Augmented antibody-dependent cell-mediated cytotoxicity following sensitization or nonspecific stimulation of human effector cells

Transplantation
J M ConnollyJ R Wunderlich

Abstract

Human peripheral blood leukocytes were stimulated in vitro with mitogens (poke-weed mitogen, concanavalin A, and phytohemagglutinin) or allogeneic cells. Each form of stimulation augmented the cytotoxic effector cell activity of lymphoid cells in a 4-hr test for antibody-dependent cell-mediated cytotoxicity. This augmented activity did not involve release of detectable nonspecific toxins, nor did it require the presence of mitogen during the cytotoxicity test. Stimulated attacking cells appeared more cytotoxic either because of a more potent cytotoxic mechanism per individual cytotoxic cell or because of an increased percentage of cytotoxic cells.

Citations

Apr 1, 1987·Veterinary Immunology and Immunopathology·M Campos, C R Rossi
Jan 1, 1976·Scandinavian Journal of Immunology·B RubinM Hoier-Madsen
Jun 1, 1976·Scandinavian Journal of Immunology·W P ZeijlemakerV P Eijsvoogel
Mar 15, 1980·International Journal of Cancer. Journal International Du Cancer·G R ShellamH J Dawkins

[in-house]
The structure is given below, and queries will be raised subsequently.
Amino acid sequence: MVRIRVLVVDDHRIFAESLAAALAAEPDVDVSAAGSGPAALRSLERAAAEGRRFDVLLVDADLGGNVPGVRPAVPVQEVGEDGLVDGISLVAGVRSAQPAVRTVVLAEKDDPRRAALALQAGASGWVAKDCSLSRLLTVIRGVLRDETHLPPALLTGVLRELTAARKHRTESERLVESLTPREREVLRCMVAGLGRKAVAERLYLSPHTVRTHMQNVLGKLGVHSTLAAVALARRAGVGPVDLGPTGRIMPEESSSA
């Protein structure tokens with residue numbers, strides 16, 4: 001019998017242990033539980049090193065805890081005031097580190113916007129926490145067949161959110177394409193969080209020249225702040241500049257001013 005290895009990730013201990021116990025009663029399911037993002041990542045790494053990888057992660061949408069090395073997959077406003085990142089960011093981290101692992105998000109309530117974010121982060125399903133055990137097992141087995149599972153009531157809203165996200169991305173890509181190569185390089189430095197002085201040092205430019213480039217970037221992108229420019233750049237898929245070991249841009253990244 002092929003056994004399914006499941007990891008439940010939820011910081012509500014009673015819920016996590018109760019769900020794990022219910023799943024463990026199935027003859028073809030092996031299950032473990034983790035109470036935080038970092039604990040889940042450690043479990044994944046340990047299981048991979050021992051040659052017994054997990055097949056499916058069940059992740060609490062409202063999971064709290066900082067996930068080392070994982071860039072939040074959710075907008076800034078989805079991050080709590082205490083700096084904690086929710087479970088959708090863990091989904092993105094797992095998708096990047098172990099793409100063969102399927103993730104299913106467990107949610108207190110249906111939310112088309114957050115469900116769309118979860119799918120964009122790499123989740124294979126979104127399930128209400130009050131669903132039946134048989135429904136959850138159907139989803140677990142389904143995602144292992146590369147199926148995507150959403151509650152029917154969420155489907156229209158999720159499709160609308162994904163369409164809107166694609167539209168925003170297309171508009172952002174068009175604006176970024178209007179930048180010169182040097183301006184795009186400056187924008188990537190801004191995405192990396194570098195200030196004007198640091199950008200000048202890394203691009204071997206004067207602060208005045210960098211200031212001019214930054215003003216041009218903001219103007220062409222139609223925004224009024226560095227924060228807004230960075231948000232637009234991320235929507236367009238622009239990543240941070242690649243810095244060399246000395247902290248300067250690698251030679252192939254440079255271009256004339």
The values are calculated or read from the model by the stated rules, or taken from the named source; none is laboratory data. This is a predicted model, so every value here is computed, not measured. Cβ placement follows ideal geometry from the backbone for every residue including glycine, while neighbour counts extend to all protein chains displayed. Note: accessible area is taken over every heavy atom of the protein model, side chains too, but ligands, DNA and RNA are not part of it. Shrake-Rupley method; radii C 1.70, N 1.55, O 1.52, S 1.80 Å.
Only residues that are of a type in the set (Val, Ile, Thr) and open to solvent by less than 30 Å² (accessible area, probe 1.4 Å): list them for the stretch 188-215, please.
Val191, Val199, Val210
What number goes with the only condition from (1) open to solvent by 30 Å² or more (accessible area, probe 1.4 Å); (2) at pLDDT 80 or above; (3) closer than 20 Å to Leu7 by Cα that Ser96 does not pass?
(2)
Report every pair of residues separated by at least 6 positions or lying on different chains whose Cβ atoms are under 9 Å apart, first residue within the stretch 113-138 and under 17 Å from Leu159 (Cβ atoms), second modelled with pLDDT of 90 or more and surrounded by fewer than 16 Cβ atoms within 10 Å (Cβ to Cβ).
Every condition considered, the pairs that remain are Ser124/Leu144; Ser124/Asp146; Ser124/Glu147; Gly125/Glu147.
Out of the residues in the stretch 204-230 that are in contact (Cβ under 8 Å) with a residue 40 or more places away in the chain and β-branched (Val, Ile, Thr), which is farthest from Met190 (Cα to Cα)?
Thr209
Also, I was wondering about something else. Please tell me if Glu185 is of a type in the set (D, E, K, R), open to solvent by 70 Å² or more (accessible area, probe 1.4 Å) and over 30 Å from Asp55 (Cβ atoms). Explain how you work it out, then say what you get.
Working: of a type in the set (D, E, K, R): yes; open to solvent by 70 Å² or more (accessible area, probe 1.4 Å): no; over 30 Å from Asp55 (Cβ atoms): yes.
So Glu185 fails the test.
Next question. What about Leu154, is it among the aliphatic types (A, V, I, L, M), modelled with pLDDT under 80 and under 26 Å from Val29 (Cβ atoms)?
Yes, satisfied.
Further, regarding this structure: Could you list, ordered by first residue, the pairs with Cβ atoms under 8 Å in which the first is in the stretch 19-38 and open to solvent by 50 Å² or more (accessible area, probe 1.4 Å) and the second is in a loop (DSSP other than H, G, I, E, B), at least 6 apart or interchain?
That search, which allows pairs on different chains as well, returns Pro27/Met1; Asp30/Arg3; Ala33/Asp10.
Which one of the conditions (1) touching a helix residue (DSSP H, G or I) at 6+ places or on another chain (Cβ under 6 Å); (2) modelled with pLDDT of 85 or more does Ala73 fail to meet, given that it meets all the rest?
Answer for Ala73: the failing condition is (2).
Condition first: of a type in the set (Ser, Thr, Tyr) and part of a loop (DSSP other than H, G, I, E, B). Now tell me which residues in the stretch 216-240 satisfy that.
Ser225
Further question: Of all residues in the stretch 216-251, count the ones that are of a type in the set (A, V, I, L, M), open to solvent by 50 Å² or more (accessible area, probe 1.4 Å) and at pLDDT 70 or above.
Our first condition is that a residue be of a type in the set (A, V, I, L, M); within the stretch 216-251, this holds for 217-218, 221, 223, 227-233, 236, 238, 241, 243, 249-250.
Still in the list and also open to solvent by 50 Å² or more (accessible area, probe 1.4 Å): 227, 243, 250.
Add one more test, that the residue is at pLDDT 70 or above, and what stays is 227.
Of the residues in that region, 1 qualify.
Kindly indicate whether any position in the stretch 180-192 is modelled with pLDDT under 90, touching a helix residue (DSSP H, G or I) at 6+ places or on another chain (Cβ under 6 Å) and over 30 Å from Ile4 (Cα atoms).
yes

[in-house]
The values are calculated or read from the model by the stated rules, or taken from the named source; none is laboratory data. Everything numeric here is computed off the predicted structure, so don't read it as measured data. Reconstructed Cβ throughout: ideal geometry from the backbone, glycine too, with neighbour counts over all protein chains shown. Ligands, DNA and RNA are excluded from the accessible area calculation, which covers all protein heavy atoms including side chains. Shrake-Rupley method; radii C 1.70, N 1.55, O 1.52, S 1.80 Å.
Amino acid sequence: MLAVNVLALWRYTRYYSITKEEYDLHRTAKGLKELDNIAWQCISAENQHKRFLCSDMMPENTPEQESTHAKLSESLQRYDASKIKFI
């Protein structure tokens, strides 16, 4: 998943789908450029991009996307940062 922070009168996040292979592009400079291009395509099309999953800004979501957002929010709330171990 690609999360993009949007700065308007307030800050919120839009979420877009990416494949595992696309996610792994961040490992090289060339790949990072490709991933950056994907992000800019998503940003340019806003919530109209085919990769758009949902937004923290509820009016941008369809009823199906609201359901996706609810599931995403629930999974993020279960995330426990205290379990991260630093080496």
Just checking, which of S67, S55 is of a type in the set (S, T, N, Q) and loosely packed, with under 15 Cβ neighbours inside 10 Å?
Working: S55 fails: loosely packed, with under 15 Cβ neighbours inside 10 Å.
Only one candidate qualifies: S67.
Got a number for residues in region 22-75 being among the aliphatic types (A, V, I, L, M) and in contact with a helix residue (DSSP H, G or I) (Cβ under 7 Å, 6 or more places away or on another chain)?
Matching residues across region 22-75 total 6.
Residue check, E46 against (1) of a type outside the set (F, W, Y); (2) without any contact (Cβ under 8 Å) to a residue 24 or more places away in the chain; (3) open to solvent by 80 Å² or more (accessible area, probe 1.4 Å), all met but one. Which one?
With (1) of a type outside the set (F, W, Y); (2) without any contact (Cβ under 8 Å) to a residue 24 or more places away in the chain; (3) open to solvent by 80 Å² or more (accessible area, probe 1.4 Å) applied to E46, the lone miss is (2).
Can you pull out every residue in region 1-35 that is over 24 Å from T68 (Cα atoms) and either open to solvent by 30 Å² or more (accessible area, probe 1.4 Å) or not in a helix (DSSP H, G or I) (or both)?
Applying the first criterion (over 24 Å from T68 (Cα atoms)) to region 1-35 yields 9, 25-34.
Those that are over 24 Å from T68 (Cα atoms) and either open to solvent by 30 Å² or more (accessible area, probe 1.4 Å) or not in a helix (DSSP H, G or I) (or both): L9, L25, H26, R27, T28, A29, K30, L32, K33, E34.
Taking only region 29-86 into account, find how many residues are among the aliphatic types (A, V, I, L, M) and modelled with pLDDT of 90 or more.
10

Jul 1, 1990·Journal of Psychoactive Drugs·B SpuntT Miller
Apr 1, 1995·Journal of Psychoactive Drugs·B SpuntH J Liberty

Related Concepts

Related Feeds

Antibody-Dependent Cell Cytotoxicity

Antibody-dependent cellular toxicity refers to the lysis of a target cell by a non-sensitized effector cell of the immune system as a result of antibodies binding to the target cell membrane and engaging the Fc receptors on the immune effector cells. Find the latest research on antibody-dependent cellular toxicity here.

Allogenic & Autologous Therapies

Allogenic therapies are generated in large batches from unrelated donor tissues such as bone marrow. In contrast, autologous therapies are manufactures as a single lot from the patient being treated. Here is the latest research on allogenic and autologous therapies.